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TIFF 2019 Review: Corey Finely's excellent 'Bad Education' tackles worst school embezzle

Courtesy of the Toronto International Film Festival


Comitting crimes to feel like you’re doing something good is the impotence to Corey Finely’s wildly entertaining “Bad Education,” which is based on the 2002 embezzlement scandal that rocked Roslyn High School in Long Island.

A scheme which racked up more than $11.2 million dollars in total damages to the school district, the film is adapted by former student, Mike Makowksy, who witnessed the ordeal first hand and marks something of a unique turn for Finely, whose last film “Thoroughbreds” was an off-beat and strange indie that barely reached a wide audience.

“Bad Education,” on the other hand, is far less polarizing and has the star power to attract eyeballs - and garnered much praise from those attending the Toronto Film Festival - and while “Thoroughbreds” was heavy in fictionalized satire, in his second feature Finely has to site actual sources, resulting in an engaging slow-burn investigative thriller sprinkled with hefty comic touches and represents the type of ace mid-budget adult targeted film missing from the current theatrical marketplace.

Digging deeper into his characters and showing great poise as a rising filmmaker, Finley’s “Bad Education” starts deconstructing this insane narrative from the top with one Frank Tassone (Hugh Jackman), the beloved Roslyn School District superintendent who acts as a miracle worker for overzealous parents and always finds the correct phrasing for inspirational pep talks to moopy students. He’s assisted by Pam Gluckin (Allison Janney who’s terrific with her thick accent) the manager of the business office next door with the pesky school board president Bob Spicer (Ray Romano doing exactly what Ray Romano does) constantly sniffing around.

With his dry cleaned suits, concealer makeup, and somewhat refined demeanor, Frank seems like a schmuck eagerly hiding something; and to his credit, Jackman slips into the role perfectly with his beady eyes, and Charles Dickens novel in hand to showcase how far his sophistication goes. Initially, the film seems a bit mute on the whole conspiracy, but instead focuses on Frank’s mission to get Rosyln number one in the region. He’s got the determination and attitude to make it happen, as students are getting accepted to Ivy league schools at record rates. What could possibly go wrong?

But his advice to an eager school reporter named Rachel (Geraldine Viswanathan - excellent) about turning the puff piece she’s writing on a planned school renovation morphs into something much bigger, and the young sleuth begins to unravel an entire can of worms. If anything, “Bad Education” should teach audiences the power of journalism at any and all levels.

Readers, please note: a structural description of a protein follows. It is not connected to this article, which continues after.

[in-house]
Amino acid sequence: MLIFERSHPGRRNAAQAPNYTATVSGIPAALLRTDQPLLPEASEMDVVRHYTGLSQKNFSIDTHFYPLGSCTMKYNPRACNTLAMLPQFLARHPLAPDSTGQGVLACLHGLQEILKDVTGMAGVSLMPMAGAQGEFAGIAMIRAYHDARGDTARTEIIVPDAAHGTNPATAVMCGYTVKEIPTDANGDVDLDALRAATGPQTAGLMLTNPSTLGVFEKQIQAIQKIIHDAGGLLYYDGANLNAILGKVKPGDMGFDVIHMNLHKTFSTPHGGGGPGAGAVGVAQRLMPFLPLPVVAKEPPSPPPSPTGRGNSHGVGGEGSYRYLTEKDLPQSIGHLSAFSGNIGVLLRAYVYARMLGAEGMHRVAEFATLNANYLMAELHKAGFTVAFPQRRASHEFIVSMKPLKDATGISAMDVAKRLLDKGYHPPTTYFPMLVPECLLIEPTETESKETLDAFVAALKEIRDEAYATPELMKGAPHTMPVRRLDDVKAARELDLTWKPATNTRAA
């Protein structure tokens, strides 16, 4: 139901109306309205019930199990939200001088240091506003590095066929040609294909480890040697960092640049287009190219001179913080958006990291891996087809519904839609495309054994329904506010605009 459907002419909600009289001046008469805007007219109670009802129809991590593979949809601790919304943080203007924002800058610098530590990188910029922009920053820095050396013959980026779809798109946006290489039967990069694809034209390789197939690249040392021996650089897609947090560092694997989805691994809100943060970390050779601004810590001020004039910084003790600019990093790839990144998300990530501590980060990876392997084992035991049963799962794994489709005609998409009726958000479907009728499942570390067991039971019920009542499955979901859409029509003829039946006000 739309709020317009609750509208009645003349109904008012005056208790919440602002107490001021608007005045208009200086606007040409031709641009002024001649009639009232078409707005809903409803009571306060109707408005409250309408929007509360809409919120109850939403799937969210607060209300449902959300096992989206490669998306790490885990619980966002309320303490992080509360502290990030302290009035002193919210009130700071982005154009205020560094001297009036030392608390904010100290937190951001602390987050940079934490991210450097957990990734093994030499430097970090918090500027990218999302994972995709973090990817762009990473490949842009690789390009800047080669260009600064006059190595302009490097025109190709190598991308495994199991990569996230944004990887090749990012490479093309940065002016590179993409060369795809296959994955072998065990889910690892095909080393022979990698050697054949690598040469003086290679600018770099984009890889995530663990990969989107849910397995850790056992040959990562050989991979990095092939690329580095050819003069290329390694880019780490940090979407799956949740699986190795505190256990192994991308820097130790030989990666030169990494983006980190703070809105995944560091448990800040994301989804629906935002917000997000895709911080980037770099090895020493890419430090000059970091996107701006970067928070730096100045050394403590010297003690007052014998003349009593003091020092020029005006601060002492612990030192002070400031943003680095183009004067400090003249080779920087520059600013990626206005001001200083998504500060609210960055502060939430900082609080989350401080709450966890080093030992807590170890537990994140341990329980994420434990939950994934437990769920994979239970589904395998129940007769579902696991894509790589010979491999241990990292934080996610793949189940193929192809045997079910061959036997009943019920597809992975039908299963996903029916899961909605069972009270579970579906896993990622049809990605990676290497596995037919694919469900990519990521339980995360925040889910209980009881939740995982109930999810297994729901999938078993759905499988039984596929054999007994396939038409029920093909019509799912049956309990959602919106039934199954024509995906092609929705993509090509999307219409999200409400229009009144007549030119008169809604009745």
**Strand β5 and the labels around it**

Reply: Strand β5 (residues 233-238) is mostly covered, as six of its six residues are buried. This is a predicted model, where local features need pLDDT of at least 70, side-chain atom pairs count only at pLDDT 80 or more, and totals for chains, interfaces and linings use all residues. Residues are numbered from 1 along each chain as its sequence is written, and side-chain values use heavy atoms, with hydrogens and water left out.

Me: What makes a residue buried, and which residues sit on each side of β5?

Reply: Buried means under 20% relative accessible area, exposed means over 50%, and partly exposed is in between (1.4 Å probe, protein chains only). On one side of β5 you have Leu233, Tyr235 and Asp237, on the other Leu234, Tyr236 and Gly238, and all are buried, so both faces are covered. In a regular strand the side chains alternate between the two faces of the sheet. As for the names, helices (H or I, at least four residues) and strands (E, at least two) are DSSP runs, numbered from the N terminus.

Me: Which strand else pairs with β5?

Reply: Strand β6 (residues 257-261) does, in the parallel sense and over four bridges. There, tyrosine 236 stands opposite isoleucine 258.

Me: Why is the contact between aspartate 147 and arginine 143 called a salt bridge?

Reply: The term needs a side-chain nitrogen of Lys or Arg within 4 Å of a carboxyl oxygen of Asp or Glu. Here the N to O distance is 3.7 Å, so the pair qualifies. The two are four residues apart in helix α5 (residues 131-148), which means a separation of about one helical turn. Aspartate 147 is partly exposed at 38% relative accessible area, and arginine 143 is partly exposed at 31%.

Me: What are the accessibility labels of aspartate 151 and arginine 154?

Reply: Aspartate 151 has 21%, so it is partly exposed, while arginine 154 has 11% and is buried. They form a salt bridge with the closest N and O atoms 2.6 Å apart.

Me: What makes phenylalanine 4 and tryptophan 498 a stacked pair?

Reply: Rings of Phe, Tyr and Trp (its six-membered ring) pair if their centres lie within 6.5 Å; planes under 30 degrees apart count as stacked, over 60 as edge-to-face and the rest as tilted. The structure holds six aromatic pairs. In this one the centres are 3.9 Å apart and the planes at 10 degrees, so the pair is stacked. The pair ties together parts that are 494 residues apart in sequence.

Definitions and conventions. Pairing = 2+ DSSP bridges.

So while Rachel is off digging in the trenches (or the archive closet in the school’s basement) things are falling apart at the administrative level, as we learn that Frank has been dipping his hand in the proverbial cookie jar with lavish trips and starting a fling with an old student (Rafael Casal) in Vegas. Meanwhile, Pam has been using the official school credit card to make some pricey home improvements to her house in the Hampton's. Not exactly “official” business if you know what I mean.

Finely has a great time showing the demise and downfall of these buffoons who are in a tug of war with a moral compass. They constantly think they’re doing what’s right for the students, yet are doing more harm than good. It’s equally fun watching Jackman get wound up when pushed into a corner about his illicit activities. The irony being he’s quick to offer advice to those who seek it, but isn’t afraid to stab you in the back when his own flaws are pointed out.

This all culminates in a terrific operatic crescendo that’s tragically poetic in all the best ways, “Bad Education” doesn’t take the easy way out and Finely garner's real mileage out of his cast. Especially Jackman whose more a big Hollywood star than a character actor, and that’s what makes his turn here all the more remarkable.

It doesn’t hurt the script has snappy dialogue and doesn't use its subject matters as a parody of the system. Instead, “Bad Education” showcases how dumb people will find anyway to rationalize their actions, no matter the consequences.

Grade: A-

Bad Education will be released by HBO Films sometime in 2020 and the film was screened as a world premiere at the Toronto International Film Festival.

There is currently no trailer for the picture.

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